Managers must invest time in the training and development of low-income workers and make them aware of better opportunities. These employees must be encouraged to attend available training and development initiatives. These training programmes are to form part of their personal development plans. In-house and/or external training and development opportunities can be introduced. If low-income employees are ignored, they may feel neglected and perceive that opportunities are only available for higher-income workers. Managers can therefore ill afford not to invest in the training and development of low-income workers.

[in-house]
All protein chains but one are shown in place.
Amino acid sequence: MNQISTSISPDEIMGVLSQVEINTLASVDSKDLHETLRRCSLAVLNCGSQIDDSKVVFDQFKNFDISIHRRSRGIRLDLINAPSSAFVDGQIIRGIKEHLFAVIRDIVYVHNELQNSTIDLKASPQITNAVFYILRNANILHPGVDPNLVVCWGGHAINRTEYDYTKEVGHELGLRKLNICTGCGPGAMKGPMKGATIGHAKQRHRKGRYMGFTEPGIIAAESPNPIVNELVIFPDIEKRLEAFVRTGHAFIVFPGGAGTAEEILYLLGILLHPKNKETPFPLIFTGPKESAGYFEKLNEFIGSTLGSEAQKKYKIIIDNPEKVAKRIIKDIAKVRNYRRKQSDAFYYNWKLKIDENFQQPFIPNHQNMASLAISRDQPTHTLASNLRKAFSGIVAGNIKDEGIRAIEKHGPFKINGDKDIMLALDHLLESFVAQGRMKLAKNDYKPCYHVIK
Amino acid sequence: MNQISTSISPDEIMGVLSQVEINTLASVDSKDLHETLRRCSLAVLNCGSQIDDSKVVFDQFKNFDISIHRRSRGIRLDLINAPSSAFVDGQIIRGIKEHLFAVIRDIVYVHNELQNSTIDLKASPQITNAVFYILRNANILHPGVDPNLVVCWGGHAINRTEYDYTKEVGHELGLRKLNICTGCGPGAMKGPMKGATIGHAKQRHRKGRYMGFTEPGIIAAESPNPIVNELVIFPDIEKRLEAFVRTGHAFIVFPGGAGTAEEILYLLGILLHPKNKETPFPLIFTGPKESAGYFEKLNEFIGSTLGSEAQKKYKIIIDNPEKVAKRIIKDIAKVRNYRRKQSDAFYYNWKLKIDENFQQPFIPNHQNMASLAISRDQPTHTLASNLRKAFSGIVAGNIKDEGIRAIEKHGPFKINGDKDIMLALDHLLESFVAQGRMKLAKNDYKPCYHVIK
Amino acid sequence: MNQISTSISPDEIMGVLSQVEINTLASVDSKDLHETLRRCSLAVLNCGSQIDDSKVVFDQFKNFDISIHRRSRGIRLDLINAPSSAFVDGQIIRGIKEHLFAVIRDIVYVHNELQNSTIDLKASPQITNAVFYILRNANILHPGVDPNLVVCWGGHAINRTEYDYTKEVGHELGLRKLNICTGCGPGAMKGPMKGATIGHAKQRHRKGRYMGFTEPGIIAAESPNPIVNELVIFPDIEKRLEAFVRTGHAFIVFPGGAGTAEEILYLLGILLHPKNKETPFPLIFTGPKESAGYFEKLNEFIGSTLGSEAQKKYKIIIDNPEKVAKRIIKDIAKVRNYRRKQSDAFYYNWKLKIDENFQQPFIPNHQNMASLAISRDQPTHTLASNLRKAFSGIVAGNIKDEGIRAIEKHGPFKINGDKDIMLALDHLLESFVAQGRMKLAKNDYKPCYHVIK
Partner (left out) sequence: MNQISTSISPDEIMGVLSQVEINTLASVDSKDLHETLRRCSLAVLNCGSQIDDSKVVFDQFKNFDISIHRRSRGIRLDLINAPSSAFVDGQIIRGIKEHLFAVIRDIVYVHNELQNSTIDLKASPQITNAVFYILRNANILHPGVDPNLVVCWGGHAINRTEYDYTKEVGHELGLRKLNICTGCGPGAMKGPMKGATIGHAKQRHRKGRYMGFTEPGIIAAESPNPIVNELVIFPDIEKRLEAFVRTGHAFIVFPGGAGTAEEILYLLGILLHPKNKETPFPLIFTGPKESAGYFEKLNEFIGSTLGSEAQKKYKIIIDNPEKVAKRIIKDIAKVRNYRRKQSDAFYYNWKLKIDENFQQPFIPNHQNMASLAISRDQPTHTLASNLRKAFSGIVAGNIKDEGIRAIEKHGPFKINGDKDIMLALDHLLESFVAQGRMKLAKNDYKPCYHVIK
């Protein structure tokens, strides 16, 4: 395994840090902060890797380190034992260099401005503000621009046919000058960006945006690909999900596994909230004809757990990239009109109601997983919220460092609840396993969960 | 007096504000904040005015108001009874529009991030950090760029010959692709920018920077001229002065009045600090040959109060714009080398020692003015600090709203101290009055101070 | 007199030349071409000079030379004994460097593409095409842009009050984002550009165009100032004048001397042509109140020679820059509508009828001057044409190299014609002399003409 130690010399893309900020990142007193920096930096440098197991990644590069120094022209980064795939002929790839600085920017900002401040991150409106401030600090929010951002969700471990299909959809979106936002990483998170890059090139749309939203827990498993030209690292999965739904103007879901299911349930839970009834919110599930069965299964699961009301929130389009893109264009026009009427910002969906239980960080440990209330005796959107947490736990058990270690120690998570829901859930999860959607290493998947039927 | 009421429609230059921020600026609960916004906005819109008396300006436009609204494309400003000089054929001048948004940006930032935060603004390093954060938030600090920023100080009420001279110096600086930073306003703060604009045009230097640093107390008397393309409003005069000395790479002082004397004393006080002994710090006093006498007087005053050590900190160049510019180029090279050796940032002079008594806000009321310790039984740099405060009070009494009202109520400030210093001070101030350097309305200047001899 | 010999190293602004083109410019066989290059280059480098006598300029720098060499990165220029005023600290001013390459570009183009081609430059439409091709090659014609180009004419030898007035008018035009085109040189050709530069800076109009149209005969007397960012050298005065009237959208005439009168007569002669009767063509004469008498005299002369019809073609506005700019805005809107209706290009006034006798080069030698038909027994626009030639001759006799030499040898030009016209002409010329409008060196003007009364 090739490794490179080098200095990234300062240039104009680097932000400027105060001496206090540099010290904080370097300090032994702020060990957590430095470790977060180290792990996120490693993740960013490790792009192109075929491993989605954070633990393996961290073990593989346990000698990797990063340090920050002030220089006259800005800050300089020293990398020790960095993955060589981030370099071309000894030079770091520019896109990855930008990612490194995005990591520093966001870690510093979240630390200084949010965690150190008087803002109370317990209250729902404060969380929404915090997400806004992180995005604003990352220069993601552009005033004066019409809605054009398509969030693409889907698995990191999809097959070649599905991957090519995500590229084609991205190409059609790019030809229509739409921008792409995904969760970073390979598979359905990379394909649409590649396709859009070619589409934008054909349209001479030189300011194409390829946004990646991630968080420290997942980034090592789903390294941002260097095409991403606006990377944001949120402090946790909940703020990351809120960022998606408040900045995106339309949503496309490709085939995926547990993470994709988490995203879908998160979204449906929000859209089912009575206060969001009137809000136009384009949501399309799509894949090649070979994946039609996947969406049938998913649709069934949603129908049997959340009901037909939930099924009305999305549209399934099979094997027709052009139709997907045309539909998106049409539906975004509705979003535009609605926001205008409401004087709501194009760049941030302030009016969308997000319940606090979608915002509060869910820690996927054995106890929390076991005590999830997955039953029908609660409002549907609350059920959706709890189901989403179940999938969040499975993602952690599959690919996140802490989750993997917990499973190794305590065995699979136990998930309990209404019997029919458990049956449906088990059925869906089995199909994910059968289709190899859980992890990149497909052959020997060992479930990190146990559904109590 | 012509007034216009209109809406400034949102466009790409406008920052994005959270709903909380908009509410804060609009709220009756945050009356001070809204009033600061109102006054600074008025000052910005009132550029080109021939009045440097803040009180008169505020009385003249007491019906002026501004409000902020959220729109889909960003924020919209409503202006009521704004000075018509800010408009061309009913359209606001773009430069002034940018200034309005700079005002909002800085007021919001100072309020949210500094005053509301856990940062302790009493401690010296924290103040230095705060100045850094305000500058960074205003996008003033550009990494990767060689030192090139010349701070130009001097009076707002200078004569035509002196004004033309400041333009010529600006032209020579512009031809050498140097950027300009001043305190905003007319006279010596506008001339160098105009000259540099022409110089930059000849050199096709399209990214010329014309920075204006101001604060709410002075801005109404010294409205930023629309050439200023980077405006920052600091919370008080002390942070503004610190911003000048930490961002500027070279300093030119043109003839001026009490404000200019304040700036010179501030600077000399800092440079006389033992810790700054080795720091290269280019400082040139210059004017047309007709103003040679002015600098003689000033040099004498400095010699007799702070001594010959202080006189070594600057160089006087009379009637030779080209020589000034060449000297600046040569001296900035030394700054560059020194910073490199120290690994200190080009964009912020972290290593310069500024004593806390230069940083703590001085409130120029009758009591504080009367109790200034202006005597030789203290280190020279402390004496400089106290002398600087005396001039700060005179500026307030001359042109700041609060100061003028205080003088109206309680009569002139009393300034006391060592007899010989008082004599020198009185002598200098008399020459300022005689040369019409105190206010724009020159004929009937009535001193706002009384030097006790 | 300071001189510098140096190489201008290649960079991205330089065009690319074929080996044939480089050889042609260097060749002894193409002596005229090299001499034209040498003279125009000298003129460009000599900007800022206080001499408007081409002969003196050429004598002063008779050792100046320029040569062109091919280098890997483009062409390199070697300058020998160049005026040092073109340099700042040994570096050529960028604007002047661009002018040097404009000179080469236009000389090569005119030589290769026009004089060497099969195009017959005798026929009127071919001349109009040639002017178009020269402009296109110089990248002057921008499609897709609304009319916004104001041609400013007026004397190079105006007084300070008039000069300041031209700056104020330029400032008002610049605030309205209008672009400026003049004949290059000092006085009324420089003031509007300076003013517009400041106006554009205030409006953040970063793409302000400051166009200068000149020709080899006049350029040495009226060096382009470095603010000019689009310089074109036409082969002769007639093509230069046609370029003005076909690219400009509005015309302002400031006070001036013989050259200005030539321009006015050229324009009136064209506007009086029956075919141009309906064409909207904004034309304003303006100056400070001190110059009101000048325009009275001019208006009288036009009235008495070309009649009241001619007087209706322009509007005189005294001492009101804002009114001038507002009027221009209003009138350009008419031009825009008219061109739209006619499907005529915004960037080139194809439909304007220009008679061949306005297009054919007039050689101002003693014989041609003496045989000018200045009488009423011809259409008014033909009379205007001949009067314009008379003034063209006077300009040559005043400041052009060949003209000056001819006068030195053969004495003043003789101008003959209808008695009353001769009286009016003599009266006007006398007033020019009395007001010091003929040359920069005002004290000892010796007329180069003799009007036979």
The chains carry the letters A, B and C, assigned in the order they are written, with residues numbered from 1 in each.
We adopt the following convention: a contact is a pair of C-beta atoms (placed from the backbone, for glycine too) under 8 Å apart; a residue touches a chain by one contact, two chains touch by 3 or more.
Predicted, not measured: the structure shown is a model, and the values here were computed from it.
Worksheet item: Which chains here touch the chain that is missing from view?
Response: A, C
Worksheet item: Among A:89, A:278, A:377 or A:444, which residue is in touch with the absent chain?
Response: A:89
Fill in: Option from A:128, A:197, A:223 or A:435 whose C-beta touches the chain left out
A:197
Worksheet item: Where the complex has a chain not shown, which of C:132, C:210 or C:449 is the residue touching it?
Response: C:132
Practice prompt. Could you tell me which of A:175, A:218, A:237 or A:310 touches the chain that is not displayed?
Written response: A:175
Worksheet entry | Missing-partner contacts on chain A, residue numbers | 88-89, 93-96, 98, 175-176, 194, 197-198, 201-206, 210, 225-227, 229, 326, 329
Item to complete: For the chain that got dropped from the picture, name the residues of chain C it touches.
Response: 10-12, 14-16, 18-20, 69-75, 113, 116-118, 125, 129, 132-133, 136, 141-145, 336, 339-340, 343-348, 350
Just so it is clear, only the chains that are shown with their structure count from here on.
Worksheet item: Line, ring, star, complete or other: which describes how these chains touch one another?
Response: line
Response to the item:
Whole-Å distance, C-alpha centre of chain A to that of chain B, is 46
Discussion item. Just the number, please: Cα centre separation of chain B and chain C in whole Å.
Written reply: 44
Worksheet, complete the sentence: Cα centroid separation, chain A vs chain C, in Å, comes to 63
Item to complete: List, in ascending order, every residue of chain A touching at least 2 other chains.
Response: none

The majority of respondents (72.30%) in this study were full-time employees, and hence, it is recommended that management should pay attention to the performance management, vigour, and training and development of these low-income workers in order to create an atmosphere in which they can have job satisfaction. Management should therefore give relevant feedback on the performance of low-income workers, as well as identifying areas of skills development for these workers. These employees should also receive recognition, because they want to feel appreciated in the workplace. Managers should engage with low-income workers with regard to their vigour, energy levels and ability to continue to work for long periods of time. Furthermore, organisations should make aware their employees of training and development opportunities as well as the funding available to attend training and development courses. Mentors can be introduced to assist low-income workers in their work-related matters. In order to enhance the job satisfaction of low-income workers, it is essential that the supervisor or direct manager be competent enough in doing his or her job, as well as showing an interest in the activities of these workers. Being fair towards workers is also important. It is recommended that three strategies should be developed by human resource specialists in conjunction with line management to ensure effective performance management, vigour as well as training and development of low-income workers. First, a strategy has to be developed to engage low-income workers with human resource specialist to ensure they understand organisation’s performance management as well as initiate interventions where needed. Second, in terms of vigour, a strategy (i.e. healthy eating habits, low consumption of sugar and physical exercise) should be developed to improve energy levels and workers’ ability to work for long hours. Wellness experts should be consulted to ensure a holistic approach towards this end. Lastly, a strategy should be developed to link training and development with performance and rewards for low-income workers.